Now they're saying that average BMIs lead to early death
There are two fat and health items in the news right now.
The first - the request from lap band manufacturers to the FDA to lower the BMI where lapbands are allowed - was covered by AndyJo in the previous post.
Another study, published by New England Journal of Medicine with Amy Berrington de Gonzalez as the first author, is being reported on in articles such as ABC New's "Higher Body Mass Index Linked to Greater Mortality Risk" and touted as "proof" that people in the 25-30 BMI ("overweight") and the 30-35 BMI (obesity type one) categories are at increased risk of death because of their weight. This study is a data dredge, that is, it's built on data from older studies that could have been cherry-picked to get the desired results. It's obviously meant to refute Katherine Flegal's 2005 study and a recent Canadian government study, both based on population-level mortality statistics and both of which indicate that people in the the 25-35 BMI range have an average or above average life expectancy.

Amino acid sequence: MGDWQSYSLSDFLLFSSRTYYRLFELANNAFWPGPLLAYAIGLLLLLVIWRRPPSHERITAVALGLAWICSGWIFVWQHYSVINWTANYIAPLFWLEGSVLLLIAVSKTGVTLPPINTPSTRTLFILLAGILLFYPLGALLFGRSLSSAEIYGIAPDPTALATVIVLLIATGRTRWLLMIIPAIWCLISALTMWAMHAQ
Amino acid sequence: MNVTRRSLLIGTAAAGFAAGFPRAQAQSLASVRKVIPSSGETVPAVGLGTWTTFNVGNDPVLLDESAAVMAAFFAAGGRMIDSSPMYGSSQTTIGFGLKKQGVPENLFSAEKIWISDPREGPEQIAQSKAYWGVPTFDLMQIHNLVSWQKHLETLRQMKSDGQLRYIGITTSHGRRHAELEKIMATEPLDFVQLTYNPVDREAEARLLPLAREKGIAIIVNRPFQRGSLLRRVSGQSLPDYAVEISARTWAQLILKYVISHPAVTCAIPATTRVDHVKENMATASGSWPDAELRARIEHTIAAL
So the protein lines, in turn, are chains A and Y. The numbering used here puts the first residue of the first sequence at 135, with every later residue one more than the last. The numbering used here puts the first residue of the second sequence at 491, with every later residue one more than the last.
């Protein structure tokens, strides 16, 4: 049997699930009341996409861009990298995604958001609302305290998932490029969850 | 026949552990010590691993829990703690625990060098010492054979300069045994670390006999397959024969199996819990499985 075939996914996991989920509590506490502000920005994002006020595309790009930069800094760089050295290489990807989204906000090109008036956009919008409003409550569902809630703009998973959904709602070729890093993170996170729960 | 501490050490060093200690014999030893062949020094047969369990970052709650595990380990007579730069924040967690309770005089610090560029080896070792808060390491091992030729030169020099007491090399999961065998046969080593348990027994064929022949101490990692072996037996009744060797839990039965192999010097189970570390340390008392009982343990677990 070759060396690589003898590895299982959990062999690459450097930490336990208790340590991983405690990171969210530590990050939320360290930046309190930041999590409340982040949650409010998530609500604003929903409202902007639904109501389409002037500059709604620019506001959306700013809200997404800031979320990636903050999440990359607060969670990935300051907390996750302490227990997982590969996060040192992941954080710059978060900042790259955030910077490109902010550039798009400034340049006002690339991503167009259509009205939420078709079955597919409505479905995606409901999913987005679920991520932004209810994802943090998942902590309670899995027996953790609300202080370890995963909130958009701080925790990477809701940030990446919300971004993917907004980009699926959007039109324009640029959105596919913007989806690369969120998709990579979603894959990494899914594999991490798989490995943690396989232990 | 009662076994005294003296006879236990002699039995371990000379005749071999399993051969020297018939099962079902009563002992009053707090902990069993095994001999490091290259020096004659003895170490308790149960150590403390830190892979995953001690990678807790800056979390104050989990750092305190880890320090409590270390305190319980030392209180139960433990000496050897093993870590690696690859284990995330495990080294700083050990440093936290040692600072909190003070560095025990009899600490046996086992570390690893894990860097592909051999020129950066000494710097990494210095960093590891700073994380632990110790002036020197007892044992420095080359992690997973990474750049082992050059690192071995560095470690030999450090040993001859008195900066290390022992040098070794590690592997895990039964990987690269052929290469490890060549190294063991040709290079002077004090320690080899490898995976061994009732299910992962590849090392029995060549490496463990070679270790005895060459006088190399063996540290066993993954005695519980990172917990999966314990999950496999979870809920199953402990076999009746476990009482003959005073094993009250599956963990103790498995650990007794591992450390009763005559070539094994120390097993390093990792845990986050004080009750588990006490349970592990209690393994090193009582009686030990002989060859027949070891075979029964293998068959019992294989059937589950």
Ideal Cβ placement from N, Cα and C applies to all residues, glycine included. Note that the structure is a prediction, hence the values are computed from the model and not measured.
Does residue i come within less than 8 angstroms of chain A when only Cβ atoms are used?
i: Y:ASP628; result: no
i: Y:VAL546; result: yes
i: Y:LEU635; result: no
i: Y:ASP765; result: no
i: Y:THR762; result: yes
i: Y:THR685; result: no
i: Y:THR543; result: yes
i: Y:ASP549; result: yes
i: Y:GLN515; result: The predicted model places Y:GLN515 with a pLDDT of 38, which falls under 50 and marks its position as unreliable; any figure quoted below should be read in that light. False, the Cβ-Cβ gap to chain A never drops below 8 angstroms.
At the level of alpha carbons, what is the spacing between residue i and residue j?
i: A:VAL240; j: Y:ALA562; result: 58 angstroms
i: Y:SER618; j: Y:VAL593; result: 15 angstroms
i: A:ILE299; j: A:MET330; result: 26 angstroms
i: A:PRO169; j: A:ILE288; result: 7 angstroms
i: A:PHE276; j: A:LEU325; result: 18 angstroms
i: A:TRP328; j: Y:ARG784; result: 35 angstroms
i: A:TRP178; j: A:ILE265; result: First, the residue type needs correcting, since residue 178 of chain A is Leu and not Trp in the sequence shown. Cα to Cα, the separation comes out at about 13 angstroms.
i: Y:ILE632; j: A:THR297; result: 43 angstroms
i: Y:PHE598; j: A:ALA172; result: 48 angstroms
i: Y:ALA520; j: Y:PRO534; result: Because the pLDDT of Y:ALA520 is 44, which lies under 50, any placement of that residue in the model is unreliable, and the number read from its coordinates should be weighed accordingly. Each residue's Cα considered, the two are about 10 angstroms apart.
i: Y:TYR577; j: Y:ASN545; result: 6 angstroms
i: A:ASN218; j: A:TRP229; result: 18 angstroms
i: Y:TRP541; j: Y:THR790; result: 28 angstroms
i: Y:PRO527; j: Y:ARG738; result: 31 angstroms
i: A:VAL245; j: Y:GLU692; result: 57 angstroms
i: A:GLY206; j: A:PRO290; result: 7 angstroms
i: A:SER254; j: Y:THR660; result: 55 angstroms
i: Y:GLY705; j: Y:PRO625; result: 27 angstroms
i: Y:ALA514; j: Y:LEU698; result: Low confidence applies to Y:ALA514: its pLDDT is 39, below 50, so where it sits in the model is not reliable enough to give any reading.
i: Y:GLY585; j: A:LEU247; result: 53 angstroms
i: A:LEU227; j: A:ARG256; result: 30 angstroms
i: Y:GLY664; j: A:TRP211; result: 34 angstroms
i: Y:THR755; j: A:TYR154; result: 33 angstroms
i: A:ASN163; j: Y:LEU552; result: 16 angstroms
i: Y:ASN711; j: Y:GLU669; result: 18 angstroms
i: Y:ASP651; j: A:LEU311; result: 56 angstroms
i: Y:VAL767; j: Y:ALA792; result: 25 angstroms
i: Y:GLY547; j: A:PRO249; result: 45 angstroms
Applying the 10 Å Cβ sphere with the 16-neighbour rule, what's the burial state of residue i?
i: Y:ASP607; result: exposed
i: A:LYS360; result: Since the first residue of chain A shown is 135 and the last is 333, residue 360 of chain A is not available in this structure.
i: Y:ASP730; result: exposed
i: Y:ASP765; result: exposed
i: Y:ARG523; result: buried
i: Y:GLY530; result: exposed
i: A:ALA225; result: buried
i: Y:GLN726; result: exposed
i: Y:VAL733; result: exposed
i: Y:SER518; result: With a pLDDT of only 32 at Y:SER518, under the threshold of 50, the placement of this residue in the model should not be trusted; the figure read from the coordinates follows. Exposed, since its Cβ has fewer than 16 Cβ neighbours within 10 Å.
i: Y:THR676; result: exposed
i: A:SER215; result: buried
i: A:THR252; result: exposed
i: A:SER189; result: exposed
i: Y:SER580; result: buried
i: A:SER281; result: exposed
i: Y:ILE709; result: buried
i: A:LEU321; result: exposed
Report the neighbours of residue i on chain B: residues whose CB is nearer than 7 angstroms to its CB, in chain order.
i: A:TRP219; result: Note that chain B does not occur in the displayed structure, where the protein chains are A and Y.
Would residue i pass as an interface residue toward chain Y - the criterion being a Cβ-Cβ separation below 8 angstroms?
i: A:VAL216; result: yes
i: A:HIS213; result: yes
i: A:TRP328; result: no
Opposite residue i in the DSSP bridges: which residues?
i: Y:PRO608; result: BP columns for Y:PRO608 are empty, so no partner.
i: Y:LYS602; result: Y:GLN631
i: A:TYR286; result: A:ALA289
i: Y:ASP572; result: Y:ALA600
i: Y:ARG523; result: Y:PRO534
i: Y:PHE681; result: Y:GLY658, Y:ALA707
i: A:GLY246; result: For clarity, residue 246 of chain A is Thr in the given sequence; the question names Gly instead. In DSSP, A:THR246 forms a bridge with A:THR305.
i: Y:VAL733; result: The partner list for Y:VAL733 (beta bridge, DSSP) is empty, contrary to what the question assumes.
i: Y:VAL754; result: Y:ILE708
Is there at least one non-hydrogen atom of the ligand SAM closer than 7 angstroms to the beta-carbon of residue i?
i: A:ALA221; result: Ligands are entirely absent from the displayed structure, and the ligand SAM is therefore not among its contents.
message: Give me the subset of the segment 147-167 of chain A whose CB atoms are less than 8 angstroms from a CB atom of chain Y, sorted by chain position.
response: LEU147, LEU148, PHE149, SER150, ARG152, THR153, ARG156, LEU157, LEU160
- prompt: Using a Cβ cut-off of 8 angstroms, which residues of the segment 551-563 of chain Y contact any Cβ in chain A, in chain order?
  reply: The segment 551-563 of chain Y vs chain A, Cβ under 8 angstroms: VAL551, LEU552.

The flaws in the new de Gonzalez study? Well, I haven't read it myself, but I'm hearing from medical professionals who have read it that it doesn't control for level of physical activity - or health insurance status (!!). It's interesting that it was published shortly before this request to expand the market for lapbands. Lucky for the lap band manufacturers, eh?
There's a great post on both studies on Suethsayings: Push for weight loss surgery even if you have a lower BMI follows study about obesity.
Health and science reporters? If any of you are reading this, please look at the quality of the research before suggesting that a data dredge invalidates large, comprehensive and well designed studies like "BMI and mortality: results from a national longitudinal study of Canadian adults" (Orpana et al, 2009) and "Excess Deaths Associated With Underweight, Overweight, and Obesity." (Flegal et al, 2005)